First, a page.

I am preprocessing my data with Feat, but would like to re-organize the output in a similar way to fmriprep for use with another package. The document ‘Bids Derivatives RC1’ gives a lot of information on how to name the files, but not on how they are organized into different folders. I couldn’t glean this information from the fmriprep documentation either. Additionally, I couldn’t find information on how to name/where to place fieldmaps created from the phasediff and magnitude images. If anybody could point me in the right direction I would appreciate it!
I’ll let someone else chime in on the fieldmap placement question, but as far as how the fmriprep derivatives directory is organized, some of that information is here: https://fmriprep.readthedocs.io/en/stable/outputs.html
It follows the BIDS standard where in the parent directory
/derivatives/fmriprep/, the top level is subject-specific folders (
sub-xxx) containing session directories, each with
ses-xx/func/ subfolders. Additionally, there is a
/logs/ folder containing the methods boilerplate in various forms (markdown, text, etc). Within each subject folder, in addition to the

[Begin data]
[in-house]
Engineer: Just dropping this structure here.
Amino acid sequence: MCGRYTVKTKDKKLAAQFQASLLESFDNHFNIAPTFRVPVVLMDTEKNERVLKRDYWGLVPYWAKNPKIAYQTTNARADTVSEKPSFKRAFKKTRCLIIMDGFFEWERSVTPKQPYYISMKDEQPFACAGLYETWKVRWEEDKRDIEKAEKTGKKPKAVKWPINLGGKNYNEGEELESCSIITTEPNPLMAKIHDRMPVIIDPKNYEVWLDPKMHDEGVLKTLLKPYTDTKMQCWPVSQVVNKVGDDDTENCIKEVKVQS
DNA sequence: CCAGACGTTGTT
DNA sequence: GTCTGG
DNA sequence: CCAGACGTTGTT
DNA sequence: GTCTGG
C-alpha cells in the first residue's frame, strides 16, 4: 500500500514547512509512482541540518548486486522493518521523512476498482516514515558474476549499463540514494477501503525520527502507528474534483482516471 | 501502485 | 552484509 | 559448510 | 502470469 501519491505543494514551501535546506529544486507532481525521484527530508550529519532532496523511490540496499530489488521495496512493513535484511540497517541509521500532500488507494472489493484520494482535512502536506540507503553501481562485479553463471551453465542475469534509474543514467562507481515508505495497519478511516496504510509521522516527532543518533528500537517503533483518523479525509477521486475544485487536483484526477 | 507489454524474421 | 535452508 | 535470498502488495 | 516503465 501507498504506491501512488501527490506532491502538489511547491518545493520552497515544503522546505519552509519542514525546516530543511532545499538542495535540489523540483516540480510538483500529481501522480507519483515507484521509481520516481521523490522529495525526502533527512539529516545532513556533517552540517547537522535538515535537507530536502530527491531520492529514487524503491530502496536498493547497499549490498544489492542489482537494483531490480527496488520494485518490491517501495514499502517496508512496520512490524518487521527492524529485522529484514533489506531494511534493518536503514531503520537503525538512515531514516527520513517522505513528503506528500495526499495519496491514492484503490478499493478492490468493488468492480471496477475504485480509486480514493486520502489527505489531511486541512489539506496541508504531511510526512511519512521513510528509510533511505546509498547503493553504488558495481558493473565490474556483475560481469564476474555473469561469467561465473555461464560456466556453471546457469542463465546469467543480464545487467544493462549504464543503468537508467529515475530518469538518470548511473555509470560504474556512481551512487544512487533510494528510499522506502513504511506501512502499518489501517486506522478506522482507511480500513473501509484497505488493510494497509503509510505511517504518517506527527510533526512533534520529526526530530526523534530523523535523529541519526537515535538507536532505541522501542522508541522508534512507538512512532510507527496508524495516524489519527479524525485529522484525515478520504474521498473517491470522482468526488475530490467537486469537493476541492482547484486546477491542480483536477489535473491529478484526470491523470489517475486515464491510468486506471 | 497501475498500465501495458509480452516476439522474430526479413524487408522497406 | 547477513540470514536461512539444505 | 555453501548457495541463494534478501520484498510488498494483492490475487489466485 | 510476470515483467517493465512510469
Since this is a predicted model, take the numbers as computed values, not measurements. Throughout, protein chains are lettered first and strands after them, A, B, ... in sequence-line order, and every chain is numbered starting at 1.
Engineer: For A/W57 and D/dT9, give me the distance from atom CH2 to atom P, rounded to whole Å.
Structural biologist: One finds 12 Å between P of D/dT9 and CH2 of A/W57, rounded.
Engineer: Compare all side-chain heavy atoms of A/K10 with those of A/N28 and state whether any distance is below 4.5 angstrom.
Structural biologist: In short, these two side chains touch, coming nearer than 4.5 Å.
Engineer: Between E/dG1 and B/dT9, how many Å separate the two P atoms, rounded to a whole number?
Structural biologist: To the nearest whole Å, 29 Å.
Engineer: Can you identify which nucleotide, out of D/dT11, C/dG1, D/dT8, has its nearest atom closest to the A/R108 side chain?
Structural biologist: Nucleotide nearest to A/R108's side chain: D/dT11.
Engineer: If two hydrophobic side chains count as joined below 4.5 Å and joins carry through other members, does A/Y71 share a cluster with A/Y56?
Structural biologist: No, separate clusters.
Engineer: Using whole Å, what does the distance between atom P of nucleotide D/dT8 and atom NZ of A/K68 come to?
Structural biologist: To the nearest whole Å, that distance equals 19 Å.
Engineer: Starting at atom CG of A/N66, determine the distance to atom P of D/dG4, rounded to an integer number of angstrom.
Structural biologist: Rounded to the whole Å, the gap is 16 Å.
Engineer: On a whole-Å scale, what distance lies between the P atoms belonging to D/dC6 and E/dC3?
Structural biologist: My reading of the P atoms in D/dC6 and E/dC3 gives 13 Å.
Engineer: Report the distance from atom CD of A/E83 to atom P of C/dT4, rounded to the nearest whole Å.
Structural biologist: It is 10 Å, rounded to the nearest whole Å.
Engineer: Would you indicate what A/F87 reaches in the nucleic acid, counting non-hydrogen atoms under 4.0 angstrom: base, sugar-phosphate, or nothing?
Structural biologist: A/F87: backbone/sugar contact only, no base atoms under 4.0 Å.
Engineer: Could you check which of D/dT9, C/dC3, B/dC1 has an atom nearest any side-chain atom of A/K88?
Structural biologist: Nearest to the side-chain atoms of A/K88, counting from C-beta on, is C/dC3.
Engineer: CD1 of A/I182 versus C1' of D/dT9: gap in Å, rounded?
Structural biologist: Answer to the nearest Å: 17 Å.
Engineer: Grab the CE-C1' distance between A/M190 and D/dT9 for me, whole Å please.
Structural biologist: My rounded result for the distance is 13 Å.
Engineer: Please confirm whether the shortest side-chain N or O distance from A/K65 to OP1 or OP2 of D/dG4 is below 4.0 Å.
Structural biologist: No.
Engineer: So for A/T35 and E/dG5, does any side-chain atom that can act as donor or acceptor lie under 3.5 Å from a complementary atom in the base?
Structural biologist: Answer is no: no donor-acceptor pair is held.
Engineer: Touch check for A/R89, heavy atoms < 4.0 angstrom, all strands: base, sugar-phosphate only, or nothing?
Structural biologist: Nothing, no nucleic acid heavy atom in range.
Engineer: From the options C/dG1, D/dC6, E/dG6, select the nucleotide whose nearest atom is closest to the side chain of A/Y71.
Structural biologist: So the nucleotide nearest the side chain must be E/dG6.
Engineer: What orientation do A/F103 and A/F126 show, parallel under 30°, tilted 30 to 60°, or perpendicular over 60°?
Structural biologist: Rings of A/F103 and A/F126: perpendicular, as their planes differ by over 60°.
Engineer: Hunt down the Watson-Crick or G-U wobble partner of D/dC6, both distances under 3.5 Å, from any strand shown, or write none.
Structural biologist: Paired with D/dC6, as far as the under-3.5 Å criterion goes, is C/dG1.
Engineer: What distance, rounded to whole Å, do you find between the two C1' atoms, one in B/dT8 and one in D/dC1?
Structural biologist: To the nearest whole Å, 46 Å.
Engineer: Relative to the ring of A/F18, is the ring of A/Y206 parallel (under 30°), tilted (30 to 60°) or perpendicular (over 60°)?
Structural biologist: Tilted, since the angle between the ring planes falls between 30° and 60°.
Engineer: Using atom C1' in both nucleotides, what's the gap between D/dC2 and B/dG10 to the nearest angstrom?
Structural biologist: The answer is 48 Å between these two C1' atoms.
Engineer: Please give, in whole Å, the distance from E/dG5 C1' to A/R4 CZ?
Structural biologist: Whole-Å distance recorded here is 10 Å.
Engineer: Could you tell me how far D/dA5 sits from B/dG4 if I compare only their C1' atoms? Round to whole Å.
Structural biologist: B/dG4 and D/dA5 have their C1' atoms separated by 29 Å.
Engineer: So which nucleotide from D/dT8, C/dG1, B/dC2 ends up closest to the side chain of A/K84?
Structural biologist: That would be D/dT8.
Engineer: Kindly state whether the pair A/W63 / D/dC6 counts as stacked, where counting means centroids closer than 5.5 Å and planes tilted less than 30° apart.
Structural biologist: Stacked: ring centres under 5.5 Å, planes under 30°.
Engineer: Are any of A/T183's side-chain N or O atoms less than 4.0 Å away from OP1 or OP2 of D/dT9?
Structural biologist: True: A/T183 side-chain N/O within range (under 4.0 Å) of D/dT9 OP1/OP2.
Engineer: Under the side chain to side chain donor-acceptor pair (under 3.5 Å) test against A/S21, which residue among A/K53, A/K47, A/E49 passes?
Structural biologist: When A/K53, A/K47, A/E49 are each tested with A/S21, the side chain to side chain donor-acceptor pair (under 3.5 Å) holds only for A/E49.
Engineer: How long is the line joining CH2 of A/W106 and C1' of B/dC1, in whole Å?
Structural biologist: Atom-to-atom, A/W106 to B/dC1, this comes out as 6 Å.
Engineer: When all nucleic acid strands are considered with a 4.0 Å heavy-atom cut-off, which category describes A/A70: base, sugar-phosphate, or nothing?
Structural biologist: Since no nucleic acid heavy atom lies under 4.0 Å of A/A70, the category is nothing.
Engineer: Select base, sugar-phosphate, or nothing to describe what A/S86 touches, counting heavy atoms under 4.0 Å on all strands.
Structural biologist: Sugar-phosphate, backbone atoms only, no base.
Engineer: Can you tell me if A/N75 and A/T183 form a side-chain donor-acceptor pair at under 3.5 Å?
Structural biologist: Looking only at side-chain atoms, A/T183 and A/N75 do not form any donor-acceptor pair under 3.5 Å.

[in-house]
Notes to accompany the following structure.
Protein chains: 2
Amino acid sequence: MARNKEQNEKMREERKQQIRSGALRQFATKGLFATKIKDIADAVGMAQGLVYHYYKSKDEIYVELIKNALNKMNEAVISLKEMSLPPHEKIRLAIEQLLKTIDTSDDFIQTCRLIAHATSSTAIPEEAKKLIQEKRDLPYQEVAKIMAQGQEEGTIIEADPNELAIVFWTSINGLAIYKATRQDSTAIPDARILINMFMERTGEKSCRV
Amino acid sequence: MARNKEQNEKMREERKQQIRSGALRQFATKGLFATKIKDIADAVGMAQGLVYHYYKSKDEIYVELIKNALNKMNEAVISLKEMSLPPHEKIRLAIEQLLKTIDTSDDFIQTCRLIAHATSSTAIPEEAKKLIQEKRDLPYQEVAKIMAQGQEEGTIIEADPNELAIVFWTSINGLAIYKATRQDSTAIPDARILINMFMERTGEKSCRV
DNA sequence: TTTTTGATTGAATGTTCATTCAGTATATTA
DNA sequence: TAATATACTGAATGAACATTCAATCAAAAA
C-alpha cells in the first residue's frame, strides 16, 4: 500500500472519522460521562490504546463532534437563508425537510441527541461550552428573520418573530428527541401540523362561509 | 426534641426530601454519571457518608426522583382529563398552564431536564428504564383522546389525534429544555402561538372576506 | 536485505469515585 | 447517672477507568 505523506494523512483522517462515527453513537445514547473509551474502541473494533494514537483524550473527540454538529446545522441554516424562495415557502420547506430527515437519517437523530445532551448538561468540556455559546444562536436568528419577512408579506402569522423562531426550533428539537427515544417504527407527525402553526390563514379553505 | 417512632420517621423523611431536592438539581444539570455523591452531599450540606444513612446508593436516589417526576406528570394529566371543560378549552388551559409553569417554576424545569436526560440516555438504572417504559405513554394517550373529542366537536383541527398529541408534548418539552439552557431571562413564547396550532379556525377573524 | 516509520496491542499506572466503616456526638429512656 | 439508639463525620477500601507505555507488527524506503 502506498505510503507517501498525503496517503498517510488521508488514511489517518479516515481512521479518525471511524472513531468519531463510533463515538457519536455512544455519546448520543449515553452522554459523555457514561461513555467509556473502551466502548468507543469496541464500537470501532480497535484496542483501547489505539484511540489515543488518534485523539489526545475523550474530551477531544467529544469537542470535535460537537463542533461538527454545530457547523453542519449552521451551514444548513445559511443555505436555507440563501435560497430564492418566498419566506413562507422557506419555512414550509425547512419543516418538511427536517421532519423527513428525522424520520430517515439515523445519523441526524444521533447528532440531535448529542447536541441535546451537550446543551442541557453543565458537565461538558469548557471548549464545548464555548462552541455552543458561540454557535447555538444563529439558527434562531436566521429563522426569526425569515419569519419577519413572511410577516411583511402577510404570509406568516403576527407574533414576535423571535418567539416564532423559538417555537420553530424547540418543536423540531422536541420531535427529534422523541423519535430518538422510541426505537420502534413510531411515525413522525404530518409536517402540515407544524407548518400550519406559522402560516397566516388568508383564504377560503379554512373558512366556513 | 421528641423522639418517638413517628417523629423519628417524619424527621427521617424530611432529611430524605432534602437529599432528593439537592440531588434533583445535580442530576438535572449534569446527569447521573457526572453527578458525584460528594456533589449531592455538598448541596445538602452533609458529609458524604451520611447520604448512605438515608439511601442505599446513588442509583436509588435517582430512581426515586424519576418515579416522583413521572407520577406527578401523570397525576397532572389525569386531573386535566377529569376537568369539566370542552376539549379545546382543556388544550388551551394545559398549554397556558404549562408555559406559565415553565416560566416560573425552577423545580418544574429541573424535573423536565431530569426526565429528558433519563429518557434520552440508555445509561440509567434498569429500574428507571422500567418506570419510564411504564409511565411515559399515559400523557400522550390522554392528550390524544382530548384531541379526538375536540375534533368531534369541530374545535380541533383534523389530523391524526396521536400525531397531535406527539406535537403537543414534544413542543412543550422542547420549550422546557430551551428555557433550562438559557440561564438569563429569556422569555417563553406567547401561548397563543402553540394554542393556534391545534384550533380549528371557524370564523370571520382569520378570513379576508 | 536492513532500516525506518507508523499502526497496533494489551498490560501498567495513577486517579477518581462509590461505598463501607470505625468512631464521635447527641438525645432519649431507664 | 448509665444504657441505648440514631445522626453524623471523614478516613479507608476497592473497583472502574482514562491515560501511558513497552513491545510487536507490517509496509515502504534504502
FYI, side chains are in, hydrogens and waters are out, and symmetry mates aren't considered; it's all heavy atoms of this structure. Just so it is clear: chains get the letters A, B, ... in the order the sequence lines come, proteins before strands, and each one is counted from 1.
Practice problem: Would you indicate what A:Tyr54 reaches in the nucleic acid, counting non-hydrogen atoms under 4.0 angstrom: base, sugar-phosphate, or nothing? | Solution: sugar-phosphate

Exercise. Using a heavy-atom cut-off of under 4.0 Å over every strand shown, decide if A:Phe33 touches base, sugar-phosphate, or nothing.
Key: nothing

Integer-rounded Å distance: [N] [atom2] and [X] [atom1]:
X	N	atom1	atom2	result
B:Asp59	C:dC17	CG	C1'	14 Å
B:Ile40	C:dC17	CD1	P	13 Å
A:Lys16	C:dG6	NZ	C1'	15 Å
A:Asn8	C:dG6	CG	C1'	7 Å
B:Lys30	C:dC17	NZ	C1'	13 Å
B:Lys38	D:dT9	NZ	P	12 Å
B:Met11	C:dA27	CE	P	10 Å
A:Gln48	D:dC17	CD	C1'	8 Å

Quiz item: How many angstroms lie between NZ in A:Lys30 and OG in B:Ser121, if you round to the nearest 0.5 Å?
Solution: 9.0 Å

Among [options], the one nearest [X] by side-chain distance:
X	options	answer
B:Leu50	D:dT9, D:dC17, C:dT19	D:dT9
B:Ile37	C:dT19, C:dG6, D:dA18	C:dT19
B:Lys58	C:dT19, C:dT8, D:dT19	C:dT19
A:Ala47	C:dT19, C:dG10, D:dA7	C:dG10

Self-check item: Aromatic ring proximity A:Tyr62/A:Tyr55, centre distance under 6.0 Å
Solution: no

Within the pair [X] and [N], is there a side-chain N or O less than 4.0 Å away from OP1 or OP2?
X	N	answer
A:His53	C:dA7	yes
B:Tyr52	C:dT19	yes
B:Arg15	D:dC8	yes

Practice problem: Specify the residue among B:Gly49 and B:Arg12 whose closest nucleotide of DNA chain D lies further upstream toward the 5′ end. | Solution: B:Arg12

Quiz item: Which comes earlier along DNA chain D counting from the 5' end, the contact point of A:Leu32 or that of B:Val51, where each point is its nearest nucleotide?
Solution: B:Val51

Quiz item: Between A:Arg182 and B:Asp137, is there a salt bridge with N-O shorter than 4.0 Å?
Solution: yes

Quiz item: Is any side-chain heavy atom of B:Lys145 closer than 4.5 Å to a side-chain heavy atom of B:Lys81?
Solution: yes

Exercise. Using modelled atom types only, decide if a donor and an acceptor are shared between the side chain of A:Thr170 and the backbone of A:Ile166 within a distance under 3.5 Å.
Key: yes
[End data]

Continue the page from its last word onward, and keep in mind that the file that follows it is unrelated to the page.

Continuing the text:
ses-xx/func/ session subdirectories, you will have
/figures/, which contains the images that are generated for the HTML report.
If you have multi-session data, as shown below, and you used the –longitudinal flag, you will also have a (non-session-specific)
/sub-xxx/anat/ directory, since multiple T1w images are merged into a single template image.
│ │ sub-101.html
│ │ *<brain masks, preprocessed anatomical images go here>*
│ │ *<figures for HTML reports>*
│ │ └───anat
│ │ │ sub-101_ses-A_T1w_space-orig_target-T1w_affine.txt
│ │ └───func
│ │ │ *<confounds & preprocessed images go here>*
│ │ └───anat
│ │ │ sub-101_ses-B_T1w_space-orig_target-T1w_affine.txt
│ │ └───func
│ │ │ *<confounds & preprocessed functional images go here>*
Hope that helps give you some idea of how things are organized. If you need to make sure your output matches exactly, I might suggest running fmriprep on one or two subjects in your dataset so you have that example of naming & structure as a more specific reference.
In addition to what @01010011 said above, you can check our latest preprint (https://doi.org/10.1101/694364) and the companion GitHub repo (https://github.com/poldracklab/ds003-post-fMRIPrep-analysis). Both show how to use fMRIPrep outputs in an FSL-based analysis (via Nipype though).